Tuesday, April 10, 2007

Breastfeeding in shampoo ad

I heard through the grapevine (lactation vine?) that Suave has a shampoo ad on TV that has a mom breastfeeding in it...not sure if anyone has time to watch TV these days, but if you catch it, write a review here!


  1. National Action Against Obesity Demands Suave Shampoo Dump Anti-Breastfeeding Ad

    --NAAO President MeMe Roth Cites U.S.’s Anti Nursing Climate as Contributor to Obesity Epidemic--

    New York, NY—April 19, 2006—(www.actionagainstobesity.com) With 30% of America’s children at risk for obesity and two-thirds of their parents already overweight; with only 29% of mothers nursing at six months postpartum; and with breastfeeding in public still considered criminal in some corners of the U.S.; National Action Against Obesity demands Suave Shampoo pull its anti-breastfeeding TV ad.

    Suave TV Spot Concept:
    Nursing leaves both your hair and chest flat. Suave can help with one.

    “We get the joke,” said NAAO President MeMe Roth (who nursed her two children, each for a year). “But misconceptions about nursing have to stop. A flat chest can be blamed on yo-yo dieting, age, genetics—and don’t forget gravity—but not nursing. Breastfeeding is the single-most important thing a new mother can do to safeguard her child’s health. It makes the statement from day one that the child’s health comes first—a trend the U.S. needs to see more in the fight to reverse child obesity. Suave Shampoo is irresponsible in discouraging breastfeeding, even in jest.”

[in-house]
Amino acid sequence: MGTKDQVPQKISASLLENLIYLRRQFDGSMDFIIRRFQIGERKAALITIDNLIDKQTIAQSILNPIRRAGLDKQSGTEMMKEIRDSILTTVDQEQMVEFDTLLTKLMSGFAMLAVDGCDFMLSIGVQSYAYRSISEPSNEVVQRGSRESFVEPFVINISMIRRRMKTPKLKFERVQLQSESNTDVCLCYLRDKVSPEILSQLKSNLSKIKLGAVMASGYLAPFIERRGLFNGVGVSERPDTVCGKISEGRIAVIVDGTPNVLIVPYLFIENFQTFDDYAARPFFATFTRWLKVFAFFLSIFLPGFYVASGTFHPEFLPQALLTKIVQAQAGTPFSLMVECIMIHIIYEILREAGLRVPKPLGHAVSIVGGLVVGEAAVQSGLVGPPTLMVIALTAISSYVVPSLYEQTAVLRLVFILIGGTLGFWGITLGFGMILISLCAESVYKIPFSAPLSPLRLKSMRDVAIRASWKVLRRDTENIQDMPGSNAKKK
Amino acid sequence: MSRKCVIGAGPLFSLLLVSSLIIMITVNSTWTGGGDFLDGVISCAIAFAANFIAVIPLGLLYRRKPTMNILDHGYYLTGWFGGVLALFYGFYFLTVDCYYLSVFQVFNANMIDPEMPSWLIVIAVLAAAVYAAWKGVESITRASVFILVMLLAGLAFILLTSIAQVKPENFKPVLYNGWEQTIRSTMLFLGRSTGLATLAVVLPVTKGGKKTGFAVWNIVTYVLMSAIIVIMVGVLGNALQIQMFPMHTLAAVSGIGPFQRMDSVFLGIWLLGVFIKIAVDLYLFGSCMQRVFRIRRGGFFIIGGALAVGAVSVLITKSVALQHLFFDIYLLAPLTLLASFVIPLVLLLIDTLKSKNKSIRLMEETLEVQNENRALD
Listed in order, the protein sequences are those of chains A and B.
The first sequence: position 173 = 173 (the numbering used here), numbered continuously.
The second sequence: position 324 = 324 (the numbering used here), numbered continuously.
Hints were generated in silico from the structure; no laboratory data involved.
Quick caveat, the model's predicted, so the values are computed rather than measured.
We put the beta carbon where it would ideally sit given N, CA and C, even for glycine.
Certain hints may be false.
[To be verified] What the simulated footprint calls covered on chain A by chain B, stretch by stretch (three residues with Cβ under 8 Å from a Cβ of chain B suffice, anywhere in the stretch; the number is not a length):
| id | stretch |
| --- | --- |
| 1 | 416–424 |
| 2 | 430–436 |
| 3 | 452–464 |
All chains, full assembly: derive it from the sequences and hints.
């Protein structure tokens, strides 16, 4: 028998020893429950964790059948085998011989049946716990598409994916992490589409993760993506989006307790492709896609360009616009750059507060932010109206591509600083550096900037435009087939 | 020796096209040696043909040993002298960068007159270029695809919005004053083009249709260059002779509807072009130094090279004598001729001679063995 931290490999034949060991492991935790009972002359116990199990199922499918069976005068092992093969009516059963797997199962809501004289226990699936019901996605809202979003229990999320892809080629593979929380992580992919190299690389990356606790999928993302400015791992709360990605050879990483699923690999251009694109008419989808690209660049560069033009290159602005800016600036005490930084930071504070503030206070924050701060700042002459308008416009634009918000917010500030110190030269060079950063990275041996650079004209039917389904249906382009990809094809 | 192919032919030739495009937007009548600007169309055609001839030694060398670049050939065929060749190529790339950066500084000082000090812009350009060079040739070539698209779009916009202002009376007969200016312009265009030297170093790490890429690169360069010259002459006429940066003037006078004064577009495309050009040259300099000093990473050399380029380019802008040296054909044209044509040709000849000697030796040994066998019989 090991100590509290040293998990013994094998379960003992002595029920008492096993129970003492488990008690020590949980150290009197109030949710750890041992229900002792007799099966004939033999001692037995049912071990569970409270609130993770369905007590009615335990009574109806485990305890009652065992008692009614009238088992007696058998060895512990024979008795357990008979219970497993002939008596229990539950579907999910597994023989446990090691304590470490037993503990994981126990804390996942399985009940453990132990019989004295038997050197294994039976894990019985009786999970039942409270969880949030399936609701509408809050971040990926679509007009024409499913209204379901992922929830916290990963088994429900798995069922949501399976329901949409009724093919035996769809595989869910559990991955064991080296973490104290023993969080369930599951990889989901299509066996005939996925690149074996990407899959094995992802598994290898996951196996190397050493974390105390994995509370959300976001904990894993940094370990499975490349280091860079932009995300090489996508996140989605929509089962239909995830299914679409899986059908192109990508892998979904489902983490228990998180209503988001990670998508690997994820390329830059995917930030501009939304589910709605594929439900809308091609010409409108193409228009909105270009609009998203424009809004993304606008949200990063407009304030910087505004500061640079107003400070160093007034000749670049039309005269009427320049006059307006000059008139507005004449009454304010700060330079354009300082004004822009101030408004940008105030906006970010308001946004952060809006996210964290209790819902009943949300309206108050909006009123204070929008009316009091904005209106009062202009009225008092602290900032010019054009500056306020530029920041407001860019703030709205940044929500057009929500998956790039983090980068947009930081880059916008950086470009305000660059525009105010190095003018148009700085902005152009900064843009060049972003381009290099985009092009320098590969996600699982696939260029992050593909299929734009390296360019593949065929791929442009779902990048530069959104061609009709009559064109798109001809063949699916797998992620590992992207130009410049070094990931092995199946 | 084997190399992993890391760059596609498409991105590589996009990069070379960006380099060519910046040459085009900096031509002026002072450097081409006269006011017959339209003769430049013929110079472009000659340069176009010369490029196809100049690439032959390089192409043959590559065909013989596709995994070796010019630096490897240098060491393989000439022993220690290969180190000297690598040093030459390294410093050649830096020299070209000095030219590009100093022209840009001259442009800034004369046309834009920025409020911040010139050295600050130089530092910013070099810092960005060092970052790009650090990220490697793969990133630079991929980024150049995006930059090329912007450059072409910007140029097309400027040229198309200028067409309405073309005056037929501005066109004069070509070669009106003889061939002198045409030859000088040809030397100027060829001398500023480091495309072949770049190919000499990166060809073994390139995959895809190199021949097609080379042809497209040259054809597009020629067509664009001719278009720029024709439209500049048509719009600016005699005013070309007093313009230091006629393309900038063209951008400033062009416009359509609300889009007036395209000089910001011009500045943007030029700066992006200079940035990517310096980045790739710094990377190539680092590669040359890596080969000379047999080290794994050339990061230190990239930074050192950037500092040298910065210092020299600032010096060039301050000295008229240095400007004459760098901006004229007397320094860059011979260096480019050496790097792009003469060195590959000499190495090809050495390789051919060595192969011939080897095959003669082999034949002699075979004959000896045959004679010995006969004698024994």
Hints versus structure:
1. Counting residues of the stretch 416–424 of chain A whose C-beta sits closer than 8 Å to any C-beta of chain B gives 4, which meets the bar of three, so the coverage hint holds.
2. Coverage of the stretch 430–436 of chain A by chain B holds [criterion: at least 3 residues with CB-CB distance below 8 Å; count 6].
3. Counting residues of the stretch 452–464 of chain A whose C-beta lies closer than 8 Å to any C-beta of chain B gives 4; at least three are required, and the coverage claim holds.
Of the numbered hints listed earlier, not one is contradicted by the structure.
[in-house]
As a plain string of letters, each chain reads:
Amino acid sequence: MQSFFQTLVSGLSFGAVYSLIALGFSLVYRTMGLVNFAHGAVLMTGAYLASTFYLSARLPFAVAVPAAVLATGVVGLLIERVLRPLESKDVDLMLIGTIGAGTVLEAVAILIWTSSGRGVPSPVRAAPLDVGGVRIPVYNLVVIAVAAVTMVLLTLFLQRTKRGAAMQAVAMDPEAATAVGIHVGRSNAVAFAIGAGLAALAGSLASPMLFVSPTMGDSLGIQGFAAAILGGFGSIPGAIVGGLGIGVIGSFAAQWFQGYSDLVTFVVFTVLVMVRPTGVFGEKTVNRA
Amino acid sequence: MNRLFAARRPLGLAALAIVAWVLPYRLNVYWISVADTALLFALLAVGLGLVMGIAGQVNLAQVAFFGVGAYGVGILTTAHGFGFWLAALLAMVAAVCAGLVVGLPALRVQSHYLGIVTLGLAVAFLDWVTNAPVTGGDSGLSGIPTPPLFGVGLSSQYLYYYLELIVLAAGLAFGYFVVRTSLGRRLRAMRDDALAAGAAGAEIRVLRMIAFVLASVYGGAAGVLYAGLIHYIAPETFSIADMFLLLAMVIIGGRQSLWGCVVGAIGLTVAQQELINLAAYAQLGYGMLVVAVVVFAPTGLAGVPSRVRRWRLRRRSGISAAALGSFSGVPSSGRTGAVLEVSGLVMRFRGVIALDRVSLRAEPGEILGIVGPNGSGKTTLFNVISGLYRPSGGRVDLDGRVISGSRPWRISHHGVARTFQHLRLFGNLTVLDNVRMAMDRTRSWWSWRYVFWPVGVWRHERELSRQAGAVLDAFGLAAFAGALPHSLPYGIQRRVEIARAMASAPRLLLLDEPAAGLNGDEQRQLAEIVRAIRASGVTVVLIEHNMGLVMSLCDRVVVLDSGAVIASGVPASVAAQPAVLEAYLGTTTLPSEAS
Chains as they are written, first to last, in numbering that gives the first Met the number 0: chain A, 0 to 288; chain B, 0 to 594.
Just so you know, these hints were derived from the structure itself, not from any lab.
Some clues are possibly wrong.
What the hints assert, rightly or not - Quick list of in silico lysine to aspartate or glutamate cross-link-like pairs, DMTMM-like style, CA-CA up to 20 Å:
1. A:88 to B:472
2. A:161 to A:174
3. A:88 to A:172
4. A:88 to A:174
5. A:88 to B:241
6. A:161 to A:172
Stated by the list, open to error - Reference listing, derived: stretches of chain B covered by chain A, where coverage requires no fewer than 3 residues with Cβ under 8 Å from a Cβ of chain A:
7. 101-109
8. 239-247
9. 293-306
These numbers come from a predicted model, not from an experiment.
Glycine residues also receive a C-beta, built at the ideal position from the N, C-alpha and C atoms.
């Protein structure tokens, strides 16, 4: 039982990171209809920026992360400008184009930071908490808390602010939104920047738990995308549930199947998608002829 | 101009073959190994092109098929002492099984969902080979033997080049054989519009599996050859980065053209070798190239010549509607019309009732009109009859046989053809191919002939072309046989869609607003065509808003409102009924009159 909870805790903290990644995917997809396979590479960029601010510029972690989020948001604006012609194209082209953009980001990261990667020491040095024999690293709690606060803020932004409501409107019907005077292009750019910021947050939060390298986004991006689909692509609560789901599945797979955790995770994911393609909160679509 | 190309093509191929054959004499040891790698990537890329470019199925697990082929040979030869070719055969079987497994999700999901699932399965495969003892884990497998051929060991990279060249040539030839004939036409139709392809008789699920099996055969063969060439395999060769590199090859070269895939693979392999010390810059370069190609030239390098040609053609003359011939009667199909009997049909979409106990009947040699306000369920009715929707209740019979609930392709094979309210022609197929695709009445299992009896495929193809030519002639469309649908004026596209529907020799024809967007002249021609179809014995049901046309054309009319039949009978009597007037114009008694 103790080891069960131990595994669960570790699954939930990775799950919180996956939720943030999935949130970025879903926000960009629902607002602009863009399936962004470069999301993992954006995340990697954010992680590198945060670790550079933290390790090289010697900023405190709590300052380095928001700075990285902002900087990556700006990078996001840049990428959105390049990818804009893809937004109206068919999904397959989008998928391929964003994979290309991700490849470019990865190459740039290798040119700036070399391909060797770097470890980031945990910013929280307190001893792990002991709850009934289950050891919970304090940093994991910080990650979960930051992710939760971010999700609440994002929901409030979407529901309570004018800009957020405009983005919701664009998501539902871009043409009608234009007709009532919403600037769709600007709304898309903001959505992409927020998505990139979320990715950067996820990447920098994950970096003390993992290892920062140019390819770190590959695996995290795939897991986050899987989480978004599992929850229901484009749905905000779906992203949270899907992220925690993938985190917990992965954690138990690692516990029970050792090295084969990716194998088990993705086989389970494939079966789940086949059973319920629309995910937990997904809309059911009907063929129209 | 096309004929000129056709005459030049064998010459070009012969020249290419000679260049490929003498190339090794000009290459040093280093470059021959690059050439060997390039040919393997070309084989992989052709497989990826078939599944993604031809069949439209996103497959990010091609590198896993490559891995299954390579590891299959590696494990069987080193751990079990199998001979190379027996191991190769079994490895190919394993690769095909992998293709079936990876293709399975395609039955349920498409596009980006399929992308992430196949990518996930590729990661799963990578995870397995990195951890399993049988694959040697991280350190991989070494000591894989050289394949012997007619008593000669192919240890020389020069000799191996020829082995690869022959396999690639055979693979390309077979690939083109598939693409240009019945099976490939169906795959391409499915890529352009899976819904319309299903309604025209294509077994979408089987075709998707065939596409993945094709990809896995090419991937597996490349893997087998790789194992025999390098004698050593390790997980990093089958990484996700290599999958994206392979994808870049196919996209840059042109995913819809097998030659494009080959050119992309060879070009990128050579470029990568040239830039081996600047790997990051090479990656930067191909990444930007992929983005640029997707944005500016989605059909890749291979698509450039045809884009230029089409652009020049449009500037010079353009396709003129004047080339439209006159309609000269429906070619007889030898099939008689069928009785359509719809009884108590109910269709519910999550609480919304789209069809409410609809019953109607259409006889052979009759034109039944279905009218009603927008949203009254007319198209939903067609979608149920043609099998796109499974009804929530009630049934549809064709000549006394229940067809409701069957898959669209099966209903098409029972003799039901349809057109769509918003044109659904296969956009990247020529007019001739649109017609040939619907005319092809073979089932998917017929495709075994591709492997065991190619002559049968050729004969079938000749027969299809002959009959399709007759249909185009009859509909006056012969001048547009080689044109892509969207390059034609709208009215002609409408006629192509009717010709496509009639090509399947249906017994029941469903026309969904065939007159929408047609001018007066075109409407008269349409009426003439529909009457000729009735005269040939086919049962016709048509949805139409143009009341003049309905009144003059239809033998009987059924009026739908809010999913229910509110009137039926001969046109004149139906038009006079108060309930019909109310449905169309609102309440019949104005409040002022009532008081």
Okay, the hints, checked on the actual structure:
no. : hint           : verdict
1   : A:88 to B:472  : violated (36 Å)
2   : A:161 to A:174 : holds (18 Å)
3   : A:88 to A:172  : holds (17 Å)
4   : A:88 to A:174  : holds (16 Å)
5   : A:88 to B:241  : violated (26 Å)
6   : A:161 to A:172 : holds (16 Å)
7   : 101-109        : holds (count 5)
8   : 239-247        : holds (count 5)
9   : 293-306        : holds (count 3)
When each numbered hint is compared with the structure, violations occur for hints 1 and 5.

The American Academy of Pediatrics recommends exclusive breastfeeding for the first six months, followed by breastfeeding in conjunction with iron-rich foods until the first birthday. NAAO calls for mothers, fathers, concerned citizens across the country to email Unilever demanding the Suave Shampoo TV spot be pulled. Send emails to comments at Unilever dot com.

    The TV ad was created by Suave’s agency of record Ogilvy & Mather, Chicago. Creative Director on Suave is Donna Charlton-Perrin. Sara Jensen is Director of Hair Care of parent company, London-based conglomerate, Unilever.

    “NAAO applauds Suave’s appeal to hip and hot mamas,” added Roth. “The TV spot is a cute concept gone wrong signaling that Suave is out-of-step with today’s urbane mothers. They do care about their hair, but they care far more about their children’s long-term health. The ad simply needs a re-write.”

    NAAO suggests a payoff closer to the truth. “Smiling husbands across the country would concur that while they have no idea what Suave Shampoo does for their wives’ hair, they know for a fact that breastfeeding results in fullness.”

    Well-documented benefits of breastfeeding include reduced child obesity, reduced adult obesity, reduced allergies, reduced ear infections, reduced risk of breast cancer for the mother, and an increase in IQ for the child. For more information, checkout this FitPregnancy article and this report from the U.S. Department of Health and Human Services: http://www.fitpregnancy.com/yournewlife/303?subsection=breastfeeding

    NAAO Suggestions for Unilever/Suave:
    • Fund awareness campaigns to promote the benefits of breastfeeding;
    • Sponsor ultra-luxe nursing stations across the country; and
    • Give free shampoo samples to nursing mothers.

    About NAAO